Not everyone’s role changes or spans such breadth, but it’s more common than not.
This approach to career navigation benefits the employee as well: team members are exposed to a wide range of roles early in their career and will never find themselves stuck in a function that isn’t personally fulfilling. Sometimes employees find a sweet spot and begin to specialize along an expert path; other times they continue broadening their expertise and head down the general manager path. Either choice is welcome and supported.
“We hire and groom experts, but we always look for eagerness to learn and drive to evolve one’s career.”
3. Create an employee-first culture
Balsam Brands’ mission statement and their company culture puts talent at the core. When it comes to perks, the company finds way to support the employee’s needs and wants while upholding their values.
“We don’t have the cash coffer to offer three free meals a day or shuttles to work,” Claire says. “Instead, we think about what is the most important to our team member, and we develop programs around that. This could be a flexible work schedule, massages in season, or weekly product raffles.”
The company sets annual goals which, when reached, result in a trip. This is affectionately known as the “SSTBD.” (Something Special To Be Determined), and the trip really is something special – five days in Hawaii, all expenses paid, families included. One barometer the hiring team uses is whether team members would rather go on an SSTBD with their colleagues or get the equivalent cash in their pocket. Typically those who would prefer the SSTBD experience are the ones who will thrive at Balsam. It’s a testament to the culture that Balsam has built and maintained over the years.
Balsam Brands also takes a high-touch approach to talent management with generous benefits plans, investments in professional development, and career-inspiring mentorship programs. They focus so much on building relationships that they don’t even have coffee machine in the office. They want their teammates to take a break, get some fresh air and talk to each other while walking outside to support local businesses.
4. Retain great talent with comprehensive development opportunities
Balsam Brands invests significant time and energy into professional development, giving team members a wide range of support as they navigate their careers. There are three specific conversations conducted by managers and mentors throughout the year. (Each team member is assigned a mentor upon joining the company, whose sole job is to support him or her in reaching personal and professional goals.)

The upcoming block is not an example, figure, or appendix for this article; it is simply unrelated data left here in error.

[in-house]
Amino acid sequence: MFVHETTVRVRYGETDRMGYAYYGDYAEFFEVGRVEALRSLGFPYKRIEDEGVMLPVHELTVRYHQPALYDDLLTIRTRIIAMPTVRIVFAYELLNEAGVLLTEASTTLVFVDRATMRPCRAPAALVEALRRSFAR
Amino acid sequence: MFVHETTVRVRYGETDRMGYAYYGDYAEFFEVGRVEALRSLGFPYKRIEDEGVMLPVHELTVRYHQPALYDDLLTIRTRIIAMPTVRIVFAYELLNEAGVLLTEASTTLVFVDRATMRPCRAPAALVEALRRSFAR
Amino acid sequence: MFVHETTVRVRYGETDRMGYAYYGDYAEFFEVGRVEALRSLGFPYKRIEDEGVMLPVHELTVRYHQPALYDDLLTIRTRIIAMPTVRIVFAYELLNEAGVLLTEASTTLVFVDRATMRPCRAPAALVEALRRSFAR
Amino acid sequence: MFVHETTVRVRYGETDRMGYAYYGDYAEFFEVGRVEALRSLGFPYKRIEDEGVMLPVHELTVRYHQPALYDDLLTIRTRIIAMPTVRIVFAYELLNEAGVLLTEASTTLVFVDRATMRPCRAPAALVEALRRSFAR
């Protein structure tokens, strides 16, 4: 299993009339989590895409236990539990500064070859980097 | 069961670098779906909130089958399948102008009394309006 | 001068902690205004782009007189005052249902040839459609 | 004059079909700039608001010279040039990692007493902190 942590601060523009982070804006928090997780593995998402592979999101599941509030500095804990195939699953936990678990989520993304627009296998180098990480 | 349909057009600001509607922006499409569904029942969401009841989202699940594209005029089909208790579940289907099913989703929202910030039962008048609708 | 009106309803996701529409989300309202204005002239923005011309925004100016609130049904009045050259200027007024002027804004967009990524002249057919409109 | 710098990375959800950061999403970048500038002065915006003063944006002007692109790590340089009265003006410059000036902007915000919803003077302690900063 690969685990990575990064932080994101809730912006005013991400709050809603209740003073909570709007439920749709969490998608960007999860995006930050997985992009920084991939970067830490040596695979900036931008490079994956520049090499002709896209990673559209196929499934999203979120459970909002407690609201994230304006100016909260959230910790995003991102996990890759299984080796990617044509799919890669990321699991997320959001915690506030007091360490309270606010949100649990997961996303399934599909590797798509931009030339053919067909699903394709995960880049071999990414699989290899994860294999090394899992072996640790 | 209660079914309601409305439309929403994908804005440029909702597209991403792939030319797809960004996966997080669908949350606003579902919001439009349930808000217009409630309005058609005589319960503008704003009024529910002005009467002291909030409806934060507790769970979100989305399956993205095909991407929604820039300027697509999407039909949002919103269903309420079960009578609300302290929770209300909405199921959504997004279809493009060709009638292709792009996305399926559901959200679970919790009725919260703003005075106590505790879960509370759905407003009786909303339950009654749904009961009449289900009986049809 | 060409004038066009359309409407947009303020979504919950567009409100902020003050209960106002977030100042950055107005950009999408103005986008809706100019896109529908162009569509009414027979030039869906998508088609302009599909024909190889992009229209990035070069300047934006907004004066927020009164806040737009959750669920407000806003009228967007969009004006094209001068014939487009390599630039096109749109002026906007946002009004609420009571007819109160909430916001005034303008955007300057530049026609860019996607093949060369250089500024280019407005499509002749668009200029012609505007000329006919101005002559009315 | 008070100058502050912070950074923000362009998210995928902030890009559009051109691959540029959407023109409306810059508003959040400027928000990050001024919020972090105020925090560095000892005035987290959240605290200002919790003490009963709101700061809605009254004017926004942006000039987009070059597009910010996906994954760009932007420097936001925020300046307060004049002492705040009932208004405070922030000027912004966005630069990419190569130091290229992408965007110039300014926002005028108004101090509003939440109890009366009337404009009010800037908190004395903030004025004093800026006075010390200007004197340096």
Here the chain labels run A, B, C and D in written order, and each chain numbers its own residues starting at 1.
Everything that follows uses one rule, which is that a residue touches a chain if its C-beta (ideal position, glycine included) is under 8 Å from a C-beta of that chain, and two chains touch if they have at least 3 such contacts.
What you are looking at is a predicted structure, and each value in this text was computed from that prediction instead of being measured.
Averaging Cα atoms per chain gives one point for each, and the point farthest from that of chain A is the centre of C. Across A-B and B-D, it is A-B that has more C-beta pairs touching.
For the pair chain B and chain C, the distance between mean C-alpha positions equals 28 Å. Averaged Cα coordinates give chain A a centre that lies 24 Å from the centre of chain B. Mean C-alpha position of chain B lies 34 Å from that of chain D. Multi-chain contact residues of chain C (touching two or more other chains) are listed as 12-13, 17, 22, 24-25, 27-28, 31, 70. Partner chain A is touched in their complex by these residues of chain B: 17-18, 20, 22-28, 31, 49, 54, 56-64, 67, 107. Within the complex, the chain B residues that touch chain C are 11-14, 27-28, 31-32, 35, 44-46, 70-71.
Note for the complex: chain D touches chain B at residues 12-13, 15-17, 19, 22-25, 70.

First, managers conduct “fulfillment conversations” to kick off the year. These are meant to ensure that their team members are working on projects that are personally fulfilling and tied to their long-term goals. The manager works to ensure that individual projects are tied to functional roadmaps that roll up to company-wide goals.
Second, mentors deliver 360 degree “development chats” on a bi-annual basis. Feedback is collected from all levels and is shared in an open and honest discussion meant to motivate and inspire growth. Importantly, these development chats are distinct from promotion and compensation conversations.
Third, each team member will walk through a career navigation map that is specific to his or her role. The map outlines the areas important for development along a particular expert or general manager path, such as people management, financial responsibility, communication skills, etc. This gives insight into where the team member falls along a spectrum and keeps expectations standard throughout the company, without the hierarchical edge.
Balsam Brands’ hiring principles are unique, but the core elements can be applied to any small to mid-sized business: giving talent honest, transparent career journeys will lead to a thriving company.
*Image from Balsam Brands